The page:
People are being invited to share their personal experiences of visiting the Culloden Battlefield.
The contributions will feature in a special exhibition planned for next April.
The site’s guardian, the National Trust for Scotland, is keen to hear from anyone who has been touched by their visit.
A week-long event will mark the 277th anniversary of the battle.
Ellen Fogel Walker, a coordinator at the battlefield’s visitor centre, said: “The Culloden Memories project is working towards remembering all the beautiful memories over time our generations, here at the battlefield, and how we’ve interacted with it since the time of the battle.
“The battlefield has gone through tremendous changes. During the Victorian era, there was a forest, a plantation here. At other times there were different visitor centres – the first in Leanach Cottage in the 1960s. Before that, it was lived in until the 1920s. The family that lived there gave tours on the battlefield.”
It was replaced by a new visitor centre until the 1980s. The existing centre was built in 2007.
Ms Fogel Walker said the trust would be grateful for any stories, photographs and home video footage that captured something special for visitors.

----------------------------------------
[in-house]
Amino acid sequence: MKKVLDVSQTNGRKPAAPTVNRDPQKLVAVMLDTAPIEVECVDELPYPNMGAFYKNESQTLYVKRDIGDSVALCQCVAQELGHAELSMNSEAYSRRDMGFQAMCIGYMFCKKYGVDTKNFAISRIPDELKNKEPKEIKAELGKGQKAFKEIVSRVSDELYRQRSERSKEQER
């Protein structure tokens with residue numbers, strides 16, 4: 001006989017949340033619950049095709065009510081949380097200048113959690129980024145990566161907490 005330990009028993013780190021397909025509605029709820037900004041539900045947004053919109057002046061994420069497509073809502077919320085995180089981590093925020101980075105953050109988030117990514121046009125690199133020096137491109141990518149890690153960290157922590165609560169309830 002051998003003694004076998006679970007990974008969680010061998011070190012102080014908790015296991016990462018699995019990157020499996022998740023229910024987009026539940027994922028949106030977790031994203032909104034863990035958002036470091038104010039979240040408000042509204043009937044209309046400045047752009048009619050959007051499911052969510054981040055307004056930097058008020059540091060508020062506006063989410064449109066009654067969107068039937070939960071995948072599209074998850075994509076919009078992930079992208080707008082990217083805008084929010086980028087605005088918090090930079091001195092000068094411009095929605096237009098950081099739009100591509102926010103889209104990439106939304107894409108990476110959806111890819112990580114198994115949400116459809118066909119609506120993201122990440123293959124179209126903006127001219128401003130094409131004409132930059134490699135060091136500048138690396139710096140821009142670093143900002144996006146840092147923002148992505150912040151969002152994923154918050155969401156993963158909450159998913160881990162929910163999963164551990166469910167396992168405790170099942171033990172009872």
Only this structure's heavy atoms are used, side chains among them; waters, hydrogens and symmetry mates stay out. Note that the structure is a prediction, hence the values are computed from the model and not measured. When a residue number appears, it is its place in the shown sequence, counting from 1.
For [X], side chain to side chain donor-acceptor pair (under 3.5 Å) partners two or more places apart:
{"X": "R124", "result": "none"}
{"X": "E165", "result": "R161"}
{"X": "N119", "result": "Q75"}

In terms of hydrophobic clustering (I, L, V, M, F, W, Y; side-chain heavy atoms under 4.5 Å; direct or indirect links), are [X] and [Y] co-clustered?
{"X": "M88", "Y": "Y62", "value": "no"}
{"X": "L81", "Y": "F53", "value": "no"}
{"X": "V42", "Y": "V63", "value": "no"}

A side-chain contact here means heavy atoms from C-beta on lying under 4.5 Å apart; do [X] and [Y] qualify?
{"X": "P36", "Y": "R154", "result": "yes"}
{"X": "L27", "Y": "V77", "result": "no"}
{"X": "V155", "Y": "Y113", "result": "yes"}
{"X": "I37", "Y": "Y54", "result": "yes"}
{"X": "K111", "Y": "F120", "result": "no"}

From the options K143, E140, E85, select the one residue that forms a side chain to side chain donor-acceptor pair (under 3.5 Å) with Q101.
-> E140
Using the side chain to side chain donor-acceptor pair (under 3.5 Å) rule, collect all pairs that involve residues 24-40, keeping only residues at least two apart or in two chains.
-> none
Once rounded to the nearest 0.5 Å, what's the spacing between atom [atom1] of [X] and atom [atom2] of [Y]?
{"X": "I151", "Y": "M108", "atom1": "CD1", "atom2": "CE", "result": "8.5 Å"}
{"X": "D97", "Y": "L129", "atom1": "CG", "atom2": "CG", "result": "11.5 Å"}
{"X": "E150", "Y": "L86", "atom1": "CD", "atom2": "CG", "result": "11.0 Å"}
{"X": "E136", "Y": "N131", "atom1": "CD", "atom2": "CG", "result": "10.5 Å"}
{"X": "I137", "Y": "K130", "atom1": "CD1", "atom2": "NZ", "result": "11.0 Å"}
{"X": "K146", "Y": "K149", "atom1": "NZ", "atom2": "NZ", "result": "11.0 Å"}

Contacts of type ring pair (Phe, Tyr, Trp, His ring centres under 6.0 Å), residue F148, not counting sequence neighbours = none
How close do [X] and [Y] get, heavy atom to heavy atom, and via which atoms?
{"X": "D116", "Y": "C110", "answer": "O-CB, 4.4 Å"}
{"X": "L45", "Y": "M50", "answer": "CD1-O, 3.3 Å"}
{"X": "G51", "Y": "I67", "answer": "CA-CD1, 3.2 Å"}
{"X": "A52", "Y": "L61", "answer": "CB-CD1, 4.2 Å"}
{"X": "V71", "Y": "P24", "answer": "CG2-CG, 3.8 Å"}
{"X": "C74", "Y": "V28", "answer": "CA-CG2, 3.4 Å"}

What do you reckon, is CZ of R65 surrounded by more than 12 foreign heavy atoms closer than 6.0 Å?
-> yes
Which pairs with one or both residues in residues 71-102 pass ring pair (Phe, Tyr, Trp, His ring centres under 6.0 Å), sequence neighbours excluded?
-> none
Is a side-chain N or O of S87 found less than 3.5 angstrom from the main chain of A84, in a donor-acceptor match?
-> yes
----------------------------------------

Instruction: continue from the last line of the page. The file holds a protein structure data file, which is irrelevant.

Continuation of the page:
“Even stretching to mementoes,” she said. “We want to know why the battlefield is so important to so many people, for so many different reasons.”
The project has been a trust ambition for some years, prompted by stories told by passionate visitors and former trust staff who have returned to the sacred site.
The hour-long battle was the final confrontation of the Jacobite rising of 1745.
On April 16, 1746, the Jacobite army of Charles Edward Stuart was decisively defeated by a British government force under Prince William Augustus, Duke of Cumberland, on Drummossie Moor. It was the last pitched battle fought on British soil.
Between 1,500 and 2,000 Jacobites were killed or wounded. About 300 government soldiers were killed or wounded.
Culloden’s legacy stretches to every corner of the globe through descendants settling around the world.
Anyone wishing to contribute to the NTS project can contact the visitor centre or email firstname.lastname@example.org